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Tuesday, 23 July, 2002, 11:09 GMT 12:09 UK
Nasser's mixed legacy
Gamal Abdul Nasser
Nasser's opponents were jailed and sometimes tortured
Roger Hardy

On 23 July 1952, a group of military men known as the Free Officers seized power in Egypt, toppling the British-backed monarchy and setting the country on a new political path.

Nasser facts
Born in 1918, the son of a postal clerk
Graduate of military academy, promoted to colonel in 1950
Led the Free Officers in 1952
Nationalised the Suez Canal in 1956
Resigned after Arab defeats of 1967, but popular demonstrations brought him back to power
Died in 1970
It was the first time Egypt had been ruled by Egyptians for two and a half millennia.

The country had been conquered by a succession of foreigners - Persians, Greeks, Romans, Circassians, Arabs, Turks and finally the British.

So Gamal Abdul Nasser, and the other young army officers, won huge popular acclaim when they ended the much-resented domination of the British, ejected the effete and pleasure-loving King Farouq and turned the country into a republic.

Half a century on, Nasser's legacy is the subject of hot debate.

Throughout the 1950s and 1960s and until his death in 1970, he dominated Arab politics and the popular imagination of the Arab masses.

He was an electrifying speaker. Crowds hung on his every word.

He embodied pan-Arabism - the dream of a united Arab nation stretching from the Atlantic to the Gulf.

His message, of social justice at home and anti-colonialism abroad, restored Arab dignity.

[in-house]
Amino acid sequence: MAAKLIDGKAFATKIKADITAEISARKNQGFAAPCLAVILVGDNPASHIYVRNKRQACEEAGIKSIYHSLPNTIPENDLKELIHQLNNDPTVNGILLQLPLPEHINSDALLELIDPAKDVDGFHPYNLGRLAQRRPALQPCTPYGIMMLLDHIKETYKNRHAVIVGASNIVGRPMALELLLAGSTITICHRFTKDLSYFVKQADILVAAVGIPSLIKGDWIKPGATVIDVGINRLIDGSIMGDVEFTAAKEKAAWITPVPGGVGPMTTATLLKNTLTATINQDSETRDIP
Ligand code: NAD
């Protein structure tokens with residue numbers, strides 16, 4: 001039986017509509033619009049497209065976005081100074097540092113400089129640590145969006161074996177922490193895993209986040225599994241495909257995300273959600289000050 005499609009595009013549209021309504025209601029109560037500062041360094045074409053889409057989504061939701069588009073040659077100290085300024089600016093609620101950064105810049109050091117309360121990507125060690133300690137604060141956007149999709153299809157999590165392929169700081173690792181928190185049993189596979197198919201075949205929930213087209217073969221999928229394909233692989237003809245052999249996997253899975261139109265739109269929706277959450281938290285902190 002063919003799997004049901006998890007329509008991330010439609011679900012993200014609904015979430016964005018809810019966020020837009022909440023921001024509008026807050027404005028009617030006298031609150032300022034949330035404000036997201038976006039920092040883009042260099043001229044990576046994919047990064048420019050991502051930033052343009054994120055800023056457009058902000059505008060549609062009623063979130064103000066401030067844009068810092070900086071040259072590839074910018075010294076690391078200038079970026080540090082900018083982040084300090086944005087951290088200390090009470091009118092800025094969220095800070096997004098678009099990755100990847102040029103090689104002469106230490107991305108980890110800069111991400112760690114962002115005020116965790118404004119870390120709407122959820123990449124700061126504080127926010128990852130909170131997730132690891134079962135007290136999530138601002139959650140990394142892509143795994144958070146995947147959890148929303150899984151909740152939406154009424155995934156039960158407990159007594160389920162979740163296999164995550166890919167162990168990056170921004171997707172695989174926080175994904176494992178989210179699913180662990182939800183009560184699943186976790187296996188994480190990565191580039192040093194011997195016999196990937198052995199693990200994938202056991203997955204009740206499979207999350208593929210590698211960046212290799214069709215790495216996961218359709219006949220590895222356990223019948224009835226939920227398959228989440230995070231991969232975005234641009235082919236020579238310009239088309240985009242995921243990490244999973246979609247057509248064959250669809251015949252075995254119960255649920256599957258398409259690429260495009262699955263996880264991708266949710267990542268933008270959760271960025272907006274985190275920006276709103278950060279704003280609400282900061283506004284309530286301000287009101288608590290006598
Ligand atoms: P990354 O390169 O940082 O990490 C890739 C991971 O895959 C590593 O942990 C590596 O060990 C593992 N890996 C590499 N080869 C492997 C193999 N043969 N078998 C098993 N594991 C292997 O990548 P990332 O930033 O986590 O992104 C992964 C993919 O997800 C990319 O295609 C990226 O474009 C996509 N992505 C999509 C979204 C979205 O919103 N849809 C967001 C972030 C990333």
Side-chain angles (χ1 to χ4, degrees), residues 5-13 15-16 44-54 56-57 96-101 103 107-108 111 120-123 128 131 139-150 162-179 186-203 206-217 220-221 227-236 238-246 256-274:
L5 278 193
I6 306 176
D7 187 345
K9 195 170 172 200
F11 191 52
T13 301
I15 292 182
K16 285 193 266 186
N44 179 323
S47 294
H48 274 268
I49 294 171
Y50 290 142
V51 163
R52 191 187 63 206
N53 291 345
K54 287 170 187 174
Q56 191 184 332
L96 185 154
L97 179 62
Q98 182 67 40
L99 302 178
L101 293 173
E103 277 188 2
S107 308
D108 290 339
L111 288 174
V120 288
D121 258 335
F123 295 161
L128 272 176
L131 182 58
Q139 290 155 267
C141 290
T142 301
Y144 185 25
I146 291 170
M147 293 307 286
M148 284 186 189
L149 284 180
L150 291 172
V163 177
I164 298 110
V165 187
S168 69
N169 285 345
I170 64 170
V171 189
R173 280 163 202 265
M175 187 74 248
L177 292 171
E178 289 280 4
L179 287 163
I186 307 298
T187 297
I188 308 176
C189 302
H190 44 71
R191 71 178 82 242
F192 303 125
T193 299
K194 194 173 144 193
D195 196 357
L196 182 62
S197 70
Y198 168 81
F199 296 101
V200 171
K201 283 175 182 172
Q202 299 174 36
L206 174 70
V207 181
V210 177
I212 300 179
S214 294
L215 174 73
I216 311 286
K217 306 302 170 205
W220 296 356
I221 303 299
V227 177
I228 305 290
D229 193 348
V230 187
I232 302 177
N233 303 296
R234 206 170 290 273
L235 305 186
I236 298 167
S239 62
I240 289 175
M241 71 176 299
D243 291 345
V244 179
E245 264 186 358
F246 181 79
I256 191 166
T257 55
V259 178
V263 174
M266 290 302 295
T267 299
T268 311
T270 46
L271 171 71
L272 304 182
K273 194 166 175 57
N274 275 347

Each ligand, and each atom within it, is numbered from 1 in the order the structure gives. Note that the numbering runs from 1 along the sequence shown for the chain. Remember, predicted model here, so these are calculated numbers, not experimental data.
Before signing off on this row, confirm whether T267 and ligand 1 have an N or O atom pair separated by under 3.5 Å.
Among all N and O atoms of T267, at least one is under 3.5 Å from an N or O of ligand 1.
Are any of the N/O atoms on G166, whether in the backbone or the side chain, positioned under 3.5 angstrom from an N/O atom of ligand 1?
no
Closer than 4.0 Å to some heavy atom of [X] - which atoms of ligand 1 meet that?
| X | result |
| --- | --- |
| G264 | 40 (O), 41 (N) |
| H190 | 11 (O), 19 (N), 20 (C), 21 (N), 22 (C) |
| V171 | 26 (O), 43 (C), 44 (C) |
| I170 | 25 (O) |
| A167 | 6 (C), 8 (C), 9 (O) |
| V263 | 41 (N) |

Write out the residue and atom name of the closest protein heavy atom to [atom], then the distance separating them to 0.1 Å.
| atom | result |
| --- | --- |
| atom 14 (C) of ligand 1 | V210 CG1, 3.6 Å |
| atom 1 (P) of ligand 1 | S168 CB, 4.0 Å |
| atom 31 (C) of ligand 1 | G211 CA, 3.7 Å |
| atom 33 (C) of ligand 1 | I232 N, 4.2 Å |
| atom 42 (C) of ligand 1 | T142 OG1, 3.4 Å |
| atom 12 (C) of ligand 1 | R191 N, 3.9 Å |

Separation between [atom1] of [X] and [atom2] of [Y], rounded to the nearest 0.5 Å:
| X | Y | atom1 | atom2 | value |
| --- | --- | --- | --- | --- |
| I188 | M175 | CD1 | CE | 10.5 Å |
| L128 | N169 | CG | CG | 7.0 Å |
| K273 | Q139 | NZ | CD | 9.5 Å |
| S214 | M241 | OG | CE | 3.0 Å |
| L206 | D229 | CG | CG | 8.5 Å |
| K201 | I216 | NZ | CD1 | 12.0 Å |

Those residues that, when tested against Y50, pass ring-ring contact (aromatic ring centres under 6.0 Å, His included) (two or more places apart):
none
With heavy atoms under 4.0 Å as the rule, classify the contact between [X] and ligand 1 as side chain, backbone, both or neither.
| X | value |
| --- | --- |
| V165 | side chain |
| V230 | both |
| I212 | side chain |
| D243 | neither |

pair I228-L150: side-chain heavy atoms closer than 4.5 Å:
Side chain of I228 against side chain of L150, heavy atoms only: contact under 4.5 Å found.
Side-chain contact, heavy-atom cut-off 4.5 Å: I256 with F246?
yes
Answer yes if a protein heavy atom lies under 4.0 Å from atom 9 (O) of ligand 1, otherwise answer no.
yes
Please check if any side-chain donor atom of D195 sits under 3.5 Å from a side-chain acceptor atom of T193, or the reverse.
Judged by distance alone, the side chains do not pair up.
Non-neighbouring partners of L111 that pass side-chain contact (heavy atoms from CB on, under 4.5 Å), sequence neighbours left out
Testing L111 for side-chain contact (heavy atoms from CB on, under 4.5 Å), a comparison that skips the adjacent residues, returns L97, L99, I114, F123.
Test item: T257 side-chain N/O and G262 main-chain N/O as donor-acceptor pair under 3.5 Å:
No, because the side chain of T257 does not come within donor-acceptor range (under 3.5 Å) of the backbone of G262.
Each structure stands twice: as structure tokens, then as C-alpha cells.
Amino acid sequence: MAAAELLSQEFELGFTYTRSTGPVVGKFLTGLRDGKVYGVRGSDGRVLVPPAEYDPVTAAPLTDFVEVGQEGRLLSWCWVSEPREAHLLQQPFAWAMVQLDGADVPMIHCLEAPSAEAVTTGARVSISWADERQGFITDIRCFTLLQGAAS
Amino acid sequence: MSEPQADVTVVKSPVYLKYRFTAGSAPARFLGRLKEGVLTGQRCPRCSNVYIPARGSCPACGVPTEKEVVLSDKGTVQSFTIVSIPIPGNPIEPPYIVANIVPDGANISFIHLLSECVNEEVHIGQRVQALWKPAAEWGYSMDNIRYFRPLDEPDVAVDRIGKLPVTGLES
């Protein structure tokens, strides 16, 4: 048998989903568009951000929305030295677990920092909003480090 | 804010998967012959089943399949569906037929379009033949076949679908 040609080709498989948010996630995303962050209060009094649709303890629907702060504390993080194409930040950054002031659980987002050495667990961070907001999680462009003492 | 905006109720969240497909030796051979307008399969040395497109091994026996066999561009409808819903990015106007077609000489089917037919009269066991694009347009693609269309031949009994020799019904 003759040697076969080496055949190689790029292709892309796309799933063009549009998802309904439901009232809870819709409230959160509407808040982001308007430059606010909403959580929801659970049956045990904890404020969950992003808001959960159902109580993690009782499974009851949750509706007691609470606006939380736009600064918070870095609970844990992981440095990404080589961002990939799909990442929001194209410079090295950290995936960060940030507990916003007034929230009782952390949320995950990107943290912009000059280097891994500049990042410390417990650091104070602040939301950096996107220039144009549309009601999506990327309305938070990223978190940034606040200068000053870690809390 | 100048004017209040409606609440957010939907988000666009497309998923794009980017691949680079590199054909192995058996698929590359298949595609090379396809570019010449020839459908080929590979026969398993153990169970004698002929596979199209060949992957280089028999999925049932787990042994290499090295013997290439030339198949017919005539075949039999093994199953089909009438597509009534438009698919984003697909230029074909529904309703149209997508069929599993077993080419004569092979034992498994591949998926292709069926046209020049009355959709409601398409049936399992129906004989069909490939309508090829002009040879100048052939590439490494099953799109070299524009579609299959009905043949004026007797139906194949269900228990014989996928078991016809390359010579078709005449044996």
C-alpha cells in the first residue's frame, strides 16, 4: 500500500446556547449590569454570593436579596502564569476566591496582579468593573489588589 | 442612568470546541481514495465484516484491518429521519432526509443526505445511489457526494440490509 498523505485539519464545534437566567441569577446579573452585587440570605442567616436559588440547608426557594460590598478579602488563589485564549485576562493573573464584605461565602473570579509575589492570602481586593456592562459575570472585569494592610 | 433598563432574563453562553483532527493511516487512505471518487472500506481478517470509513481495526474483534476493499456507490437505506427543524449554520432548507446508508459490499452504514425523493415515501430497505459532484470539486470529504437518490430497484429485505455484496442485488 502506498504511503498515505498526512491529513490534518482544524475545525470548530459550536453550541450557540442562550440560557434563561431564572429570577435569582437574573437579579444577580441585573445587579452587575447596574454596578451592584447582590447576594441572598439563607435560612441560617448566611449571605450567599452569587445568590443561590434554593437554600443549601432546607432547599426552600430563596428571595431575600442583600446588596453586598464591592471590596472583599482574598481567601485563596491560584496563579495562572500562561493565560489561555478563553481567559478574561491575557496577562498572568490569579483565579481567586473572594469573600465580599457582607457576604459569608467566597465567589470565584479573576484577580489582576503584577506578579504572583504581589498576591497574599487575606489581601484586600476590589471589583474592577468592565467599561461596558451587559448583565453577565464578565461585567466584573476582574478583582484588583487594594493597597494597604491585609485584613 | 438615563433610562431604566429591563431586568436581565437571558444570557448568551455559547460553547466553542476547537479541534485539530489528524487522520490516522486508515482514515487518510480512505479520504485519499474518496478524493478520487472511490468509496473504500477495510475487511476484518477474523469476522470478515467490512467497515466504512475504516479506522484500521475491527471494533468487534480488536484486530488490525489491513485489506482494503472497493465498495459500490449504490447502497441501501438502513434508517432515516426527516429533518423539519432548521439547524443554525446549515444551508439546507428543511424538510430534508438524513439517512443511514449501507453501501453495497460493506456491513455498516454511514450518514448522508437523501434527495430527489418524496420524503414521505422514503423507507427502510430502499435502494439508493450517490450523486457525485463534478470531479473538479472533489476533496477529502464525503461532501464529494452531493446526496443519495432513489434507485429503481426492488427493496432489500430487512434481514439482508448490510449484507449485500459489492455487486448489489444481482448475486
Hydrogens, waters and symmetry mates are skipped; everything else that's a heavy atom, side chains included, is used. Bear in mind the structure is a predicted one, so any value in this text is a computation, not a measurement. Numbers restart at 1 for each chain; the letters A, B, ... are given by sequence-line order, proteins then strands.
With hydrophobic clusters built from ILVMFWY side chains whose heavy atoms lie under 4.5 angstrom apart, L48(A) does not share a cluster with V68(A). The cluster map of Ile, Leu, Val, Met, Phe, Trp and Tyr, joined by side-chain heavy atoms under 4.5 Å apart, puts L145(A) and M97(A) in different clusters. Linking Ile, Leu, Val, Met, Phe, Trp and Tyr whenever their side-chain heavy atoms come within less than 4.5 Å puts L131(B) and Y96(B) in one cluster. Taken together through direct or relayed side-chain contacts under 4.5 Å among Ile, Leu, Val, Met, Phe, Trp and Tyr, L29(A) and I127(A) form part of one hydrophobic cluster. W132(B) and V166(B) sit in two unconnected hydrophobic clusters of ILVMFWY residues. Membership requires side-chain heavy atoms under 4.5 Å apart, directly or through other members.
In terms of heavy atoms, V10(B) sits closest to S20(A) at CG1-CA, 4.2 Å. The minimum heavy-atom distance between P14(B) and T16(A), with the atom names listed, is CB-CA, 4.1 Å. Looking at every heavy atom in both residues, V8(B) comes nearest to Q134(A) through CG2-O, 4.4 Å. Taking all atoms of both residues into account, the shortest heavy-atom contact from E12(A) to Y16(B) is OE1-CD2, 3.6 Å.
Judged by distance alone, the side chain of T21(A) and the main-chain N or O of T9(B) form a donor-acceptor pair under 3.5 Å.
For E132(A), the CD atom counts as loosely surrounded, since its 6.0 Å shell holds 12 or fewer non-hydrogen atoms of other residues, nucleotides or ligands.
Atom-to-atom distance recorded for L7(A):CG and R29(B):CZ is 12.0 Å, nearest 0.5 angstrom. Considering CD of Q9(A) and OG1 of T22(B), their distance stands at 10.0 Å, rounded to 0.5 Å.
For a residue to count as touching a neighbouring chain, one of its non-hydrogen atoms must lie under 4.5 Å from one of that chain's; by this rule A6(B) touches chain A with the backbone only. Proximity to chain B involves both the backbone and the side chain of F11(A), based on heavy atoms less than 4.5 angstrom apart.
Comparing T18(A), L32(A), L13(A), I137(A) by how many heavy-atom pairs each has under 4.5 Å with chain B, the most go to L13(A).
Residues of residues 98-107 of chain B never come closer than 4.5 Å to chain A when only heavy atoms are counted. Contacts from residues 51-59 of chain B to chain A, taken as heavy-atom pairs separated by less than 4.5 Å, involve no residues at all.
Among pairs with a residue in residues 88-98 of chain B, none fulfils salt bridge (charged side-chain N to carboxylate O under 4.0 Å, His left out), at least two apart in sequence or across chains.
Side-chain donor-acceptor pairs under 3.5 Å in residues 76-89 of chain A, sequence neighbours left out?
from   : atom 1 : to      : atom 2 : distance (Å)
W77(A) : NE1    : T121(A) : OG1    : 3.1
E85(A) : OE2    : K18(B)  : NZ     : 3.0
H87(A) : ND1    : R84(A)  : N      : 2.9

Nostalgia for Nasserism

Today, when many Arabs feel humiliated by Israel and the American superpower, there is a certain nostalgia for Nasserism.

But to his critics, Nasser led the Arabs down a cul-de-sac.

He aligned Egypt with the Soviet Union, and so ended up on the losing side in the Cold War.

Relying on Soviet aid, he built up a monolithic state-run economy - which his successors have ever since been struggling to demolish.

His rule was harshly authoritarian. Opponents, ranging from communists to the Muslim Brotherhood, were jailed and sometimes tortured. Many were driven into exile.

Finally, the pan-Arab dream was a costly failure.

Arabs proved, in practice, unable to unite under Nasser's leadership - or to stand up to Israel.

The high hopes of 1952 ended in bitter defeat by Israel in the June war of 1967.

See also:

23 Jul 02 | Media reports
14 Jul 02 | Middle East
04 Feb 02 | Middle East
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27 Sep 99 | Middle East
08 Feb 02 | Country profiles
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